24 October 2011

The Seabag

There was a time when everything you owned had to fit in your seabag. Remember those nasty rascals? Fully packed, one of the suckers weighed more than the poor devil hauling it. The damn things weighed a ton and some idiot with an off-center sense of humor sewed a carry handle on it to help you haul it. Hell, you could bolt a handle on a Greyhound bus but it wouldn't make the damn thing portable. The Army, Marines, and Air Force got footlockers and WE got a big ole' canvas bag.
After you warped your spine jackassing the goofy thing through a bus or train station, sat on it waiting for connecting transportation and made folks mad because it was too damn big to fit in any overhead rack on any bus, train, and airplane ever made, the contents looked like hell. All your gear appeared to have come from bums who slept on park benches. Traveling with a seabag was something left over from the "Yo-ho-ho and a bottle of rum" sailing ship days. Sailors used to sleep in hammocks, so you stowed your issue in a big canvas bag and lashed your hammock to it, hoisted it on your shoulder and, in effect, moved your entire home from ship to ship.
I wouldn't say you traveled light because with ONE strap it was a one shoulder load that could torque your skeletal frame and bust your ankles.
It was like hauling a dead linebacker.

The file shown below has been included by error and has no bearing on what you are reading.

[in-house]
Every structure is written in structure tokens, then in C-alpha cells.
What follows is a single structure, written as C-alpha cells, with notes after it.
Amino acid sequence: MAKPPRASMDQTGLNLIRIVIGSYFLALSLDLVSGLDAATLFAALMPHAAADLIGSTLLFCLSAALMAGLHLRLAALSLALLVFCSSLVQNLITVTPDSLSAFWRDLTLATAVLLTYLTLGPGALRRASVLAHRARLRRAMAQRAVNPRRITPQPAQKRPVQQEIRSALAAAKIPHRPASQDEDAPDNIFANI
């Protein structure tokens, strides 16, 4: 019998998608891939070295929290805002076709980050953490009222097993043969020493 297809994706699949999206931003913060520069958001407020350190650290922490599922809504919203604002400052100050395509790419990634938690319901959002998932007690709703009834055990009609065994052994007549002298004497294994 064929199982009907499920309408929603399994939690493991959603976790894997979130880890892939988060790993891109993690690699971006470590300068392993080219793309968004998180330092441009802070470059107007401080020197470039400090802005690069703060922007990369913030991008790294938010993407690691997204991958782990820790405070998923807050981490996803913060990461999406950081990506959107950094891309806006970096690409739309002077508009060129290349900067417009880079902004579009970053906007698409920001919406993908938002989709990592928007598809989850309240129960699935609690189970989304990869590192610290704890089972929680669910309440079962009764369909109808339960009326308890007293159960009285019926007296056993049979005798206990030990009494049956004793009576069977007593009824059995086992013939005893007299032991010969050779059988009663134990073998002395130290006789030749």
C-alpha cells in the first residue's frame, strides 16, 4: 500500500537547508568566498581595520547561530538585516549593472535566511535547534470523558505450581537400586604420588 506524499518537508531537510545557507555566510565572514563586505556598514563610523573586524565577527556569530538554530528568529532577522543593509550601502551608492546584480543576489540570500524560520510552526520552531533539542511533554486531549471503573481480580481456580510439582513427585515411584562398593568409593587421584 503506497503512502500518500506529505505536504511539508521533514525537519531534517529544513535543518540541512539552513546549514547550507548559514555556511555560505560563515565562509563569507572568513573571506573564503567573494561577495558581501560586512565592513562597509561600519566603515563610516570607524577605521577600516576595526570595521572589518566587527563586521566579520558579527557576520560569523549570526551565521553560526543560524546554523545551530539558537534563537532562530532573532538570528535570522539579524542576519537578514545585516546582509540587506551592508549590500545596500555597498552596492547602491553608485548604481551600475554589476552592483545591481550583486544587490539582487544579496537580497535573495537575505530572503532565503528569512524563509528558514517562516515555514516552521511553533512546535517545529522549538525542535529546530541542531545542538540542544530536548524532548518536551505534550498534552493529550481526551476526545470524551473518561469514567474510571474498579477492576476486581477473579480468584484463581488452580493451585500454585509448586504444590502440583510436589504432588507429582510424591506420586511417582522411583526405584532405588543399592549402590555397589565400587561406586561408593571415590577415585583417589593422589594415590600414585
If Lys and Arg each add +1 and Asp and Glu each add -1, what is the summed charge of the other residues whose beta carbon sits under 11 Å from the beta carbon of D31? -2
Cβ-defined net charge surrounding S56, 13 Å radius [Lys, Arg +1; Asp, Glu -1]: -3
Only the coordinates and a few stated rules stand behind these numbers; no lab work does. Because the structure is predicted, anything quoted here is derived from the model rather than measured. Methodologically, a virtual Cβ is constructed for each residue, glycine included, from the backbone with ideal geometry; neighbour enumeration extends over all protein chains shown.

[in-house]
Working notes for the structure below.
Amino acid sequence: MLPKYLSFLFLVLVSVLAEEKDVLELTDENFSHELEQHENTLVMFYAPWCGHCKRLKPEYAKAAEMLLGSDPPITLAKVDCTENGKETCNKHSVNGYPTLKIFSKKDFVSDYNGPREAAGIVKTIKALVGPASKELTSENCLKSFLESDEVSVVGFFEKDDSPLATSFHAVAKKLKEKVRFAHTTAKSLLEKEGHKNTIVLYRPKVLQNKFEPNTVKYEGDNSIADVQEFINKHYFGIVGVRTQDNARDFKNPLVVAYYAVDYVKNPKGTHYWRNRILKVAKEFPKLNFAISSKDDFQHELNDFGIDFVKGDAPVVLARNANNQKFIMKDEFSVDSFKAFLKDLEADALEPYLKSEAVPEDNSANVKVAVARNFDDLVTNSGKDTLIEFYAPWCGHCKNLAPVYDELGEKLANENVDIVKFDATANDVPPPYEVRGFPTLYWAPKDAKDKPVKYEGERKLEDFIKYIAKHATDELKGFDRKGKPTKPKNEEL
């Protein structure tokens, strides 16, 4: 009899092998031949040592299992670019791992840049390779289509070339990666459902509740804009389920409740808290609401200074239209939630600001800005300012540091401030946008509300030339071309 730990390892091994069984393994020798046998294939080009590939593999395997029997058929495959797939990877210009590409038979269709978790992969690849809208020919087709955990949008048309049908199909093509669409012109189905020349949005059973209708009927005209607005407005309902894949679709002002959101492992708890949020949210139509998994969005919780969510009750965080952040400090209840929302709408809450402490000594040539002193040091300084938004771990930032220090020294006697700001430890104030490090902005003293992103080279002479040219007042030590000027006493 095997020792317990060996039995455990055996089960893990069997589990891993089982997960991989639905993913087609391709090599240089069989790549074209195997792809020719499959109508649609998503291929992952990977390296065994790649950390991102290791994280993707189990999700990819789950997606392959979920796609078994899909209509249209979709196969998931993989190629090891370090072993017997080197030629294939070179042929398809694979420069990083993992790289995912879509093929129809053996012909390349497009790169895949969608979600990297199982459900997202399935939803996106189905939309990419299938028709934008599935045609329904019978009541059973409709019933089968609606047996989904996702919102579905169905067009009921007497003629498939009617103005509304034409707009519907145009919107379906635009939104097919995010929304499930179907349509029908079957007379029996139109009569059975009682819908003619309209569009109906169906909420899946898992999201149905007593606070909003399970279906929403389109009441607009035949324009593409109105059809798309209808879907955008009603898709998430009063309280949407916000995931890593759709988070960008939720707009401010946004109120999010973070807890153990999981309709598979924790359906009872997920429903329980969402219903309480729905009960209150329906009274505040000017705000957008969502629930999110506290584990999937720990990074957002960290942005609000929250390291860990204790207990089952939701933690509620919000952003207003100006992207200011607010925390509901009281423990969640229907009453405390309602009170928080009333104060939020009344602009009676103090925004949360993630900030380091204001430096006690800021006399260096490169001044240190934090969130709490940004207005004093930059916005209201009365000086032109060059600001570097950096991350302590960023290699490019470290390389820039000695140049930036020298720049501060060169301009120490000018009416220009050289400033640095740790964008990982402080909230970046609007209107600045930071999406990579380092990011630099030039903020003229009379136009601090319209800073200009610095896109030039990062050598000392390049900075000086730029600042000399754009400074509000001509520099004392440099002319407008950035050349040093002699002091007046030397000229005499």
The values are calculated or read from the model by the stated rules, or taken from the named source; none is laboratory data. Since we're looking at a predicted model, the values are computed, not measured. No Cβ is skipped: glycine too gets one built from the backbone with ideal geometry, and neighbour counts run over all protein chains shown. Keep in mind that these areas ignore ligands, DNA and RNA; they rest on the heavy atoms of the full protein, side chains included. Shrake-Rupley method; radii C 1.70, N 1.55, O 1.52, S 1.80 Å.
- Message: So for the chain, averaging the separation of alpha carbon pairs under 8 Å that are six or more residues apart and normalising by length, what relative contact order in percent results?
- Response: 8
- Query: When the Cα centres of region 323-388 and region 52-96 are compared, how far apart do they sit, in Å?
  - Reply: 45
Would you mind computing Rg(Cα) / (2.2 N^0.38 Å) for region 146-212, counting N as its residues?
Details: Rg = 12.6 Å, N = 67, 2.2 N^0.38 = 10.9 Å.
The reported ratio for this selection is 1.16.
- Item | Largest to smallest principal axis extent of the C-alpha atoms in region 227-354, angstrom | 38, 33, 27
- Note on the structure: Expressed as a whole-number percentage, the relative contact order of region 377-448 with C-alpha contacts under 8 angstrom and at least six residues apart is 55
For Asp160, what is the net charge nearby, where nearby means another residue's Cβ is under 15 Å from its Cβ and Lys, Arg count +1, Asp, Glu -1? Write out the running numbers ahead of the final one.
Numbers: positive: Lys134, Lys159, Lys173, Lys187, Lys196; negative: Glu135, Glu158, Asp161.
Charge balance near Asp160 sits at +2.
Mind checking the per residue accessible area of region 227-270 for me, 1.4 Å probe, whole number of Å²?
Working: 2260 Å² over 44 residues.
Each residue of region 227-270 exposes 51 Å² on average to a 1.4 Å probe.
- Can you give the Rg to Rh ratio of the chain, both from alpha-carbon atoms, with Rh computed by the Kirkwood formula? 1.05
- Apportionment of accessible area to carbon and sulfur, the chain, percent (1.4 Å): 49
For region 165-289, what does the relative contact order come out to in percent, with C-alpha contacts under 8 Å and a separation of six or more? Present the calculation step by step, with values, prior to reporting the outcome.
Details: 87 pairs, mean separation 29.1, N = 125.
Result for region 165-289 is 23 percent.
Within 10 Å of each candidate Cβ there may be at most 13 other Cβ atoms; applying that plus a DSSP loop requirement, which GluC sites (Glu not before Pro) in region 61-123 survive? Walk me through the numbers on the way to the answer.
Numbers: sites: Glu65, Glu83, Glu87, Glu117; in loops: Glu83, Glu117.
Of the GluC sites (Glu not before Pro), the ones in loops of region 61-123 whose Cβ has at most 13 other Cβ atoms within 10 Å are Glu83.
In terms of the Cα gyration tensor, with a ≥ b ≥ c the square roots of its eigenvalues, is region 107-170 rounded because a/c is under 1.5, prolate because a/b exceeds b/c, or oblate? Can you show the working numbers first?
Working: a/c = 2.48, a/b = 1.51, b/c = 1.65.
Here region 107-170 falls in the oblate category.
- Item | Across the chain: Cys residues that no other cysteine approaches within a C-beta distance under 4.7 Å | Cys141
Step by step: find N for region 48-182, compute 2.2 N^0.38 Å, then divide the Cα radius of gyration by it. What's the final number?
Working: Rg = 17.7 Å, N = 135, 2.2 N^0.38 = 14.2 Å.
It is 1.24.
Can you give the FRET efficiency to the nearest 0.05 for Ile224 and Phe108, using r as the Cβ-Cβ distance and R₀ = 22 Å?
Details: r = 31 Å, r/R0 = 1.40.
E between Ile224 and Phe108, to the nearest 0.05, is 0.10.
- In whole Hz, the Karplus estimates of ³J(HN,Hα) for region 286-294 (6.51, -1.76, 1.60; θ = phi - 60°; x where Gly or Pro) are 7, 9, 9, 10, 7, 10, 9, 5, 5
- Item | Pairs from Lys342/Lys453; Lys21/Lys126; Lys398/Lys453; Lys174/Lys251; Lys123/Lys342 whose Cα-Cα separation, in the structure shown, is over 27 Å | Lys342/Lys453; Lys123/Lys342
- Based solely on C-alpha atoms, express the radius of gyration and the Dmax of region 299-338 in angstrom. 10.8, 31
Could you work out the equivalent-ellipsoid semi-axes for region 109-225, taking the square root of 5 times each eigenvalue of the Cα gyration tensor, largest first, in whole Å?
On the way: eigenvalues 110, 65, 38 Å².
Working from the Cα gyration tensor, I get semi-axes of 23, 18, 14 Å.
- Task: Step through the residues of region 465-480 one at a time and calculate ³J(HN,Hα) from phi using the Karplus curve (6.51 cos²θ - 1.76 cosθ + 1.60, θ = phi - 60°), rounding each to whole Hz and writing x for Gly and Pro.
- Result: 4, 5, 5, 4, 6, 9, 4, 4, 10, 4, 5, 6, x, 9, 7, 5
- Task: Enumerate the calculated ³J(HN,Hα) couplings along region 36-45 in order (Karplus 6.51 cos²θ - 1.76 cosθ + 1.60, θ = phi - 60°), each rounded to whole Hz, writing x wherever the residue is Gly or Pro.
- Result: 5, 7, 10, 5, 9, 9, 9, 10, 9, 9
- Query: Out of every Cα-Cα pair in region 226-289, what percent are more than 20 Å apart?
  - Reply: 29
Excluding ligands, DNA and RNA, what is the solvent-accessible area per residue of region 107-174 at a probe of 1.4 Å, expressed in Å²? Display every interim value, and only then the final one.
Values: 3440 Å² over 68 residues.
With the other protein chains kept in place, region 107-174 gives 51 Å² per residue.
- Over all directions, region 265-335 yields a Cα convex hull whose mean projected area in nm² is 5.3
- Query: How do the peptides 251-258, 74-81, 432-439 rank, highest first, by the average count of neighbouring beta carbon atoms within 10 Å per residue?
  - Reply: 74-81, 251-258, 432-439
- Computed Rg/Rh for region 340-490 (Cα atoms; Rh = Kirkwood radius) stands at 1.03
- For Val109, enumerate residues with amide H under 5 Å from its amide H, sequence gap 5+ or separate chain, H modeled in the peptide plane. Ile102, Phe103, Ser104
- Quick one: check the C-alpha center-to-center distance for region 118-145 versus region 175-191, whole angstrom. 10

They wasted a lot of time in boot camp telling you how to pack one of the suckers. There was an officially sanctioned method of organization that you forgot after ten minutes on the other side of the gate at Great Lakes or San Diego.
You got rid of a lot of the 'issue' gear when you went to a SHIP. Did
you EVER know a tin-can sailor who had a raincoat? A flat hat? One of those nut-hugger knit swimsuits? How bout those 'roll-your-own' neckerchiefs... the ones girls in a good Naval tailor shop would cut down & sew into a 'greasy snake' for two bucks?
Within six months, EVERY fleet sailor was down to ONE set of dress blues, port & starboard, undress blues, and whites, a couple of white hats, boots, shoes, a watch cap, assorted skivvies, a pea coat, and three sets of bleached-out dungarees.
The rest of your original issue was either in the pea coat locker, lucky bag, or had been reduced to wipe-down rags in the paint locker. Underway ships were NOT ships that allowed vast accumulation of private gear.
Hobos who lived in discarded refrigerator crates could amass greater
loads of pack-rat crap than fleet sailors. The confines of a
canvas-back rack, side locker, and a couple of bunk bags did NOT allow one to live a Donald Trump existence.
Space and the going pay scale combined to make us envy the lifestyle of a mud-hut Ethiopian. We were global equivalents of nomadic Mongols without ponies to haul our stuff.
And after the rigid routine of boot camp, we learned the skill of random compression, known by mothers world-wide as 'cramming'. It is amazing what you can jam into a space no bigger than a bread-box if you pull a watch cap over a boot and push it with your foot.
Of course, it looks kinda weird when you pull it out, but they NEVER hold fashion shows at sea and wrinkles added character to a 'salty' appearance.